Cures on the Sabbath evening: V. 40. Now when the sun was setting1, all they that had any sick with divers diseases brought them unto Him; and He laid His hands on every one of them, and healed them. V. 41. And devils also came out of many, crying out, and saying, Thou art Christ, the Son of God. And He, rebuking them, suffered them not to speak; for they knew that He was Christ. With the setting of the sun the Sabbath was over, and therefore all Sabbath commands no longer binding. It was then that people, as many of them as had sick relatives and friends that were afflicted with any diseases, began to lead and to carry them to Jesus. The miracle of the morning had convinced them that they had a powerful Healer in their midst, and they were only too willing to take advantage of that fact. Jesus had compassion upon them: upon every one of the sick He laid His hands and thus cured them. What purpose the Lord had in mind in permitting Himself to be imposed upon with all this wholesale healing is shown by Matthew, 8, 17. The one greatest disease, which the Lord has taken upon Himself and borne, is sin; all sickness, all evil, comes from sin, is a punishment of sin. When Jesus therefore laid His hands upon any sick person, it implied: Thou art a sinner, I am the Savior of sinners; I take the curse and consequence of sin from thee, let this be an admonition to thee to abstain from the service of sin. At the same time, demons came out from those possessed at the very presence of Jesus, screaming loudly and revealing the Lord's identity as the Christ. But these revelations Jesus stopped summarily, since He desires no praise and confession from the devil nor from all those that have placed themselves in the service of the devil.

 The withdrawal of Jesus: V. 42. And when it was day, He departed and went into a desert place; and the people sought Him, and came unto Him, and stayed Him that He should not depart from them. V. 43. And He said unto them, I must preach the kingdom of God to other cities also; for therefore am I sent. V. 44. And He preached in the synagogs of Galilee. The very next morning, at break of day, Jesus left Capernaum. He followed the method He employed at other times also: He went out into the solitude to be all alone in prayer and communion with His heavenly Father. It would be of advantage to most Christians if they would occasionally withdraw from the bustle of modern business and spend some time after the example of Christ. We are too liable to lose our balance and the sense of proportion according to Biblical standards if there is only the ceaseless hurry of work, alternating with rounds of pleasure. Sunday should be the day for quiet communion with God, not spent in contempt of God's Word and in loud and boisterous picnics, but in prayerful contemplation of our need of God. But the absence of Jesus was soon noticed, and a large multitude of people, with Peter in the lead, went out to search for Him and bring Him back. But He would not be persuaded by them. He knew that it was not the Word of Life for which they were eager, but the miracles which they hoped to see. And so He explained to them the principal purpose of His ministry. The obligation rests upon Him to bring the Gospel news of the kingdom of God to other cities also. This work He has taken upon Himself; in this work He wants to show all faithfulness. And so He departed on a preaching tour of Galilee, Himself proclaiming the Gospel-message in His sermons in the synagogs of Galilee.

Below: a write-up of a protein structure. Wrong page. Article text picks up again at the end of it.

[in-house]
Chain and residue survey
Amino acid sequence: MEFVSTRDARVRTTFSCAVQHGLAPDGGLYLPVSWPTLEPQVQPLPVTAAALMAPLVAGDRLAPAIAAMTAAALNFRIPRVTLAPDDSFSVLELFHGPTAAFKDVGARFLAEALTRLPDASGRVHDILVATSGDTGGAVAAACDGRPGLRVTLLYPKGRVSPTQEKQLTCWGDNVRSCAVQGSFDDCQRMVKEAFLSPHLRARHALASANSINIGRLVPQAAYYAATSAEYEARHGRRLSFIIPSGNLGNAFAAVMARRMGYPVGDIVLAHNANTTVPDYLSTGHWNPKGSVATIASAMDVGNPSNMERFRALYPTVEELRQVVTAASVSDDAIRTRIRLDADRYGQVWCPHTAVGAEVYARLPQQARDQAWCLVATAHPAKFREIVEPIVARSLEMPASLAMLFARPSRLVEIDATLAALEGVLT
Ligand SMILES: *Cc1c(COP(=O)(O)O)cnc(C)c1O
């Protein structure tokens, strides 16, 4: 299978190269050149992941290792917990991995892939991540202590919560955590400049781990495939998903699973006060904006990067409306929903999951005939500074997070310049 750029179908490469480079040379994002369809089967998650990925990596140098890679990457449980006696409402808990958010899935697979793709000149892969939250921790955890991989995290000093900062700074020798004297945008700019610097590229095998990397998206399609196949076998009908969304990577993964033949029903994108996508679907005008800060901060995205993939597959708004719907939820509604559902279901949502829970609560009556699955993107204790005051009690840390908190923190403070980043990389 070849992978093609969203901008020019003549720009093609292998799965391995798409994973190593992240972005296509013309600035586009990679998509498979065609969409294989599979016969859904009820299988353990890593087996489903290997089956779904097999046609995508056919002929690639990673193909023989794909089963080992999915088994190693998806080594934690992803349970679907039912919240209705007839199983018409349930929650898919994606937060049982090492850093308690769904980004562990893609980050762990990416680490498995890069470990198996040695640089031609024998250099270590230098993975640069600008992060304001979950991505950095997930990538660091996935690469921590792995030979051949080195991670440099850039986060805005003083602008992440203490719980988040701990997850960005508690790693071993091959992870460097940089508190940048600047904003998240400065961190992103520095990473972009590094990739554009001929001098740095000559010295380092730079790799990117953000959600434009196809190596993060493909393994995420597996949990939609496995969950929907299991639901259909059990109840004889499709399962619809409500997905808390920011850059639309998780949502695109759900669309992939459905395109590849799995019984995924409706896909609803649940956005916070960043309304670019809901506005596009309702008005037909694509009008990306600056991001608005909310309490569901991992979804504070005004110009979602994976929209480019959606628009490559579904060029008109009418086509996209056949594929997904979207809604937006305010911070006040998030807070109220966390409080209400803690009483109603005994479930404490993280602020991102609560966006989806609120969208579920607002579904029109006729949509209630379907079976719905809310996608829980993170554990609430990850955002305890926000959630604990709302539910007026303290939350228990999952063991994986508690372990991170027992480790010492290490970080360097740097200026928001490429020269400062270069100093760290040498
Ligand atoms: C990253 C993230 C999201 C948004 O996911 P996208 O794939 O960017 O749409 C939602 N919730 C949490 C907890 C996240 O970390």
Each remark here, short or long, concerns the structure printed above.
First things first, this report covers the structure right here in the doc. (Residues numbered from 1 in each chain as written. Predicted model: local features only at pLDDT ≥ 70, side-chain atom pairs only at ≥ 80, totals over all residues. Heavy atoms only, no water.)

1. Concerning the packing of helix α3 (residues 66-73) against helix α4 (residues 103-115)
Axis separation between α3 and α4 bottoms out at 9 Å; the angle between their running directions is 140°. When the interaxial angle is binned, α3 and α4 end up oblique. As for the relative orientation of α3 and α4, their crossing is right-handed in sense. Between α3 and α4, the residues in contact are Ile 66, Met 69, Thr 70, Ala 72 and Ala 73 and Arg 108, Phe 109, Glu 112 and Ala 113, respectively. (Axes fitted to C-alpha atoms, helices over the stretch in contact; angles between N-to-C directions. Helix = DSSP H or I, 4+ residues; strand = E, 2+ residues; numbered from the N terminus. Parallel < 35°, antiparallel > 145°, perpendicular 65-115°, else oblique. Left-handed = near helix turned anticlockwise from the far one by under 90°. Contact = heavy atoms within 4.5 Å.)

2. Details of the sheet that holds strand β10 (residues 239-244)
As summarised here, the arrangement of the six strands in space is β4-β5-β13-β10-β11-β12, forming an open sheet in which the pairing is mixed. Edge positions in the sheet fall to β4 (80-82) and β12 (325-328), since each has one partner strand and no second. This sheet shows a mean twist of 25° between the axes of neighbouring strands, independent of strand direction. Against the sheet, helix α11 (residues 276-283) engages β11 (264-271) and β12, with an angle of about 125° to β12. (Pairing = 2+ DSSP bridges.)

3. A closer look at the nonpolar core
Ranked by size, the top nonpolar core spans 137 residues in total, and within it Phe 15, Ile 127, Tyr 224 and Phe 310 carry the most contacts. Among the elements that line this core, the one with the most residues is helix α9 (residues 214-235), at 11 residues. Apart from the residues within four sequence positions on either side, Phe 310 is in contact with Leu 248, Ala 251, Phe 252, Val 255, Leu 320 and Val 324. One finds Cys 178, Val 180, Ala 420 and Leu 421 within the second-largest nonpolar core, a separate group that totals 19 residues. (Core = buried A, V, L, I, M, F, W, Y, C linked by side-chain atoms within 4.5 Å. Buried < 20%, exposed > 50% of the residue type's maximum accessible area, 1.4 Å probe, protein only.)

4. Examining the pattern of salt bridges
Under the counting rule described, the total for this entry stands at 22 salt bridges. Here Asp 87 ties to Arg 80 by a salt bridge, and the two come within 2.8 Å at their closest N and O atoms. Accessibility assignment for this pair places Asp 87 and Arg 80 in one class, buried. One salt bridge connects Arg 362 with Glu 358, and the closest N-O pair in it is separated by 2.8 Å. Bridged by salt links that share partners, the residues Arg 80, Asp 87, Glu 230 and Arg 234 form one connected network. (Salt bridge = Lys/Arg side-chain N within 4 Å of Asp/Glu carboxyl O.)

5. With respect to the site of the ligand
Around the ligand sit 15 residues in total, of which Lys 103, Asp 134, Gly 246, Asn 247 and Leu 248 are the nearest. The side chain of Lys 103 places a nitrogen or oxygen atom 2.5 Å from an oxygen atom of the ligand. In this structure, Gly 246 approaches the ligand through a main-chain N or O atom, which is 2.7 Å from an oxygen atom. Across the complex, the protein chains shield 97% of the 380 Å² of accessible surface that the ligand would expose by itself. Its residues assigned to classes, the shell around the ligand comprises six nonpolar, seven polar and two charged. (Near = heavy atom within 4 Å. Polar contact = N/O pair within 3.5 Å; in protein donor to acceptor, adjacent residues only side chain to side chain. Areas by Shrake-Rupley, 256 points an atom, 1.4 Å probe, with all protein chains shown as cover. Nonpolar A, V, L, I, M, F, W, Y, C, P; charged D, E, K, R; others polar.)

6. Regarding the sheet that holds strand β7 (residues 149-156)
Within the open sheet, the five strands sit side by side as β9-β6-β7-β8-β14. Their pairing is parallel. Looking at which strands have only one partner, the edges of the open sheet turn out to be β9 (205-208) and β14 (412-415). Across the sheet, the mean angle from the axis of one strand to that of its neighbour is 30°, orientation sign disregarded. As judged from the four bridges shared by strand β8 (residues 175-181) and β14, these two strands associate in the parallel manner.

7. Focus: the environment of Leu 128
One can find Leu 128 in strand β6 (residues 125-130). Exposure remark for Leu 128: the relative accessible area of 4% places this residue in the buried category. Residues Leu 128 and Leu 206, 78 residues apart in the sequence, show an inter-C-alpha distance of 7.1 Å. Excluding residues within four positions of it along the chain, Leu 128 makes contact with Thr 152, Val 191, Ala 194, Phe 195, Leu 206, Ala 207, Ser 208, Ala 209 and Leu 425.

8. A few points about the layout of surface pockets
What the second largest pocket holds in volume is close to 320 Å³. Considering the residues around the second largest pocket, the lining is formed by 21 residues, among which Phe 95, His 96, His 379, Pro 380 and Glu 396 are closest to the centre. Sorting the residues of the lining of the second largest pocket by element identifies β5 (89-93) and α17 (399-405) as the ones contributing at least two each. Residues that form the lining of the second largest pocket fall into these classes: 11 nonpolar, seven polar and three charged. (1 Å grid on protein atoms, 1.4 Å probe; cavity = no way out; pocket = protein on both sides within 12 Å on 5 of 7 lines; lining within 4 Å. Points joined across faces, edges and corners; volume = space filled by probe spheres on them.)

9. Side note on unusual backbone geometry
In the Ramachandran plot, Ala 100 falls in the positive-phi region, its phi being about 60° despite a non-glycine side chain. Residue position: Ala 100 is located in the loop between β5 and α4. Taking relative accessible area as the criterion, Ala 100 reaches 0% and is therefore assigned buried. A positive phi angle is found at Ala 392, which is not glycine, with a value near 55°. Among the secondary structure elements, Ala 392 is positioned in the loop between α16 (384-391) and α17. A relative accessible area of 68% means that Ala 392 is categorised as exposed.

Summary. Jesus, in the wilderness, is tempted of the devil, begins His Galilean ministry, teaches in Nazareth, where the people try to kill Him, and at Capernaum heals a demoniac and other sick people.